Johanna McGuire grew up listening to jazz. Her grandfather was a jazz musician and often played Charlie Parker and Miles Davis in his home.
“I grew up listening to jazz, and it inspired me to learn how to play the saxophone,” said Johanna, a senior at Meade High School.
The 17-year-old started taking saxophone lessons when she was 8. Today, she plays alto saxophone in Meade High’s jazz band and is also a member of the school’s steel drum band and pit orchestra.
“I love music,” she said. “I love that it allows you to be creative and there are no boundaries and you can express yourself.”
Johanna is one of 15 students in the steel drum band, which is led by Alexander Scott, the chair of Meade’s music department and director of its six music ensembles.
Scott said his personal philosophy of music education centers on the idea that all students, regardless of their ability and musical background, should be “encouraged to shape their own unique musical identity.”
“In my own program, I believe it is essential to build a school culture that encourages students to be risk takers within the music program,” Scott said. “In celebrating each individual’s accomplishments, instead of valuing and competing them against each other, students will feel emboldened enough to experiment within the program and join whatever ensemble they want.”
Meade High’s six ensembles for the school year are the concert band, string orchestra, marching band, steel drum band, pit orchestra and jazz band.
In addition to concerts at the high school, the music ensembles often perform seasonal concerts as well as at home football games, school functions and special events such as the jazz band’s performance last year at the National Conference for International Technology Educators Association at the Gaylord Hotel in the National Harbor.
The steel drum band is scheduled to perform May 12 at 7 p.m. at the high school with guest Victor Provost, a steel drum percussionist who The New York Times called “a serious jazz improviser.”
Scott said his ideal of music education for all is a “fairly ambitious goal.”
“I myself have constantly endeavored to reach all of my students in the classroom using the tools of differentiating instruction and enfolding their own musical goals,” he said, noting that his philosophy is rooted in his graduate studies at the University of Michigan. “I believe in offering a multitude of ensembles in which they may elect to participate. The traditional large ensembles of band, chorus and string orchestra should not be a student’s only option.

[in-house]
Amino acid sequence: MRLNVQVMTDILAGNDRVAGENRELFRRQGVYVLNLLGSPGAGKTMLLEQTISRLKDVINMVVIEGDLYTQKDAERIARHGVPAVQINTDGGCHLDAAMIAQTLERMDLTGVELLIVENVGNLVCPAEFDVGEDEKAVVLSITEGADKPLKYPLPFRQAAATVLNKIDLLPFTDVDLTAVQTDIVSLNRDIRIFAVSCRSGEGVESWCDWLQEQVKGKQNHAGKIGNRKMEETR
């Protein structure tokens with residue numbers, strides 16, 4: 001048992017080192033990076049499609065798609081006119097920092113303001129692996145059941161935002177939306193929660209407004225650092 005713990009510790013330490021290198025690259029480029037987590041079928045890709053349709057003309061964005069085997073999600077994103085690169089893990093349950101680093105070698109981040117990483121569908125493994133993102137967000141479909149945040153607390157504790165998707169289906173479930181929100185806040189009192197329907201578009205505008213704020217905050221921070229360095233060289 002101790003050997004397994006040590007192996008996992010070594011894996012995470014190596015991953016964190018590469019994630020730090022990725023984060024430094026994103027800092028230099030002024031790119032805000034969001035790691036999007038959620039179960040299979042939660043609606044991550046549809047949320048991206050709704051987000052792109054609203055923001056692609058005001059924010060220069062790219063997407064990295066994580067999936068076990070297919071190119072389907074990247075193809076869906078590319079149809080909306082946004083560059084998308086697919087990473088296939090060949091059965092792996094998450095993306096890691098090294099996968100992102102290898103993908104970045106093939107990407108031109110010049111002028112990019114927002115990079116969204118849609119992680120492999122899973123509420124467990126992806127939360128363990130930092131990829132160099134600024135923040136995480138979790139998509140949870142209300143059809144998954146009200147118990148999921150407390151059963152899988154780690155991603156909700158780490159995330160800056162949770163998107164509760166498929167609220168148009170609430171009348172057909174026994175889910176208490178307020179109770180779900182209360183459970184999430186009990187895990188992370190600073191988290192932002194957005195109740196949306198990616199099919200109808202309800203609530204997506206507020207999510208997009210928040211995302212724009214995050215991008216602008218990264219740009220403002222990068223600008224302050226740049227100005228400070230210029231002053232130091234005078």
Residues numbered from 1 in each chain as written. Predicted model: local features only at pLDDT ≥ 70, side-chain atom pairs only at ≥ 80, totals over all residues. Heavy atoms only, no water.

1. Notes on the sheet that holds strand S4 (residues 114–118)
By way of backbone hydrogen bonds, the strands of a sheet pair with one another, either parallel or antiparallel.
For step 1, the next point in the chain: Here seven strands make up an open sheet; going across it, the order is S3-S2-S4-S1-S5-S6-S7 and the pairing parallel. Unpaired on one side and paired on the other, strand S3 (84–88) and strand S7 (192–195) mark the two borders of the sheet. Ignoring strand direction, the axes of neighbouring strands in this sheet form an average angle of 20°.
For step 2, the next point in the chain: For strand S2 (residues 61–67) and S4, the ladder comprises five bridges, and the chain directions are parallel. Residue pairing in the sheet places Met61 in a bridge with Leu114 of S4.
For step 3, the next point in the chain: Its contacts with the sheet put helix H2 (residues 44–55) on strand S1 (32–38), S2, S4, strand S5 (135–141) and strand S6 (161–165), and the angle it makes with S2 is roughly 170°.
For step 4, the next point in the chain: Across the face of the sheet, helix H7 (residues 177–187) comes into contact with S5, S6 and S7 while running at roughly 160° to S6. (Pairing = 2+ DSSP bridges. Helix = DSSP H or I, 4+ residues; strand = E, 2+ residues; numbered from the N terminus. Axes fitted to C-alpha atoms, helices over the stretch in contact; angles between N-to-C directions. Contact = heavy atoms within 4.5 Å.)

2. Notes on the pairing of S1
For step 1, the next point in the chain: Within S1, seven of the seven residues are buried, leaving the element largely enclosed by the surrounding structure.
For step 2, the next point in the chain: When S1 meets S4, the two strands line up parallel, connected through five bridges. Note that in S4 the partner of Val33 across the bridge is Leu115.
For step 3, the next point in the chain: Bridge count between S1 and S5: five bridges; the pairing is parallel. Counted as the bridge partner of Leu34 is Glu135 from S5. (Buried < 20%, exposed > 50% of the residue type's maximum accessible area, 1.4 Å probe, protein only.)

“Providing them with additional opportunities such as jazz band, jazz combo, steel band, pep band, marching band, pit orchestra and symphonic orchestra allows students to see and experience a wider scope of musical opportunities that exist in the real world.”
Zachary Sotelo, a senior in the International Baccalaureate Programme, is a member of the steel drum band and five other music ensembles. He began as a violinist, taking lessons at age 3, and then went on to learn to play percussion instruments in sixth grade at MacArthur Middle School.
“Whenever I play music, I feel engaged,” the 17-year-old said. “No matter what it is that you’re playing, you are it at the center. There’s no substitute for you.”
Zachary said music is a central part of his life and he has learned to balance school rehearsals with his homework and social life. Music also has been helpful with other subjects such as math.
“I’m slightly smarter,” he said. “There are small doses of math in music. Each note has its own length, and whether it’s long or short, you have to add or subtract.”
Zachary said being a musician can be a challenge — he is currently practicing for a percussion solo for the May 12th concert. But, he said, it is also a privilege as a Meade High student.
He said that when he plays at concerts, he is embodying what Meade High School stands for — and that is a source of pride for him.
“I like representing the school well,” Zachary said.
Meade High has a chapter of Tri-M, the national music honors society. Zachary is the chapter’s president. The society recognizes student music achievements within the school.
Several Meade High graduates have continued to study music in such colleges as Towson University, Anne Arundel Community College and the University of North Texas. Four of last year’s graduates earned music scholarships.
Scott said the growth of his students is what makes his job a pleasure.
“The most rewarding part of my job is that ‘light bulb’ moment for so many of them,” he said. “When they finally start to understand and perform confidently, they surprise themselves with their own capabilities. And that is more rewarding to me than any physical reward could possibly be.”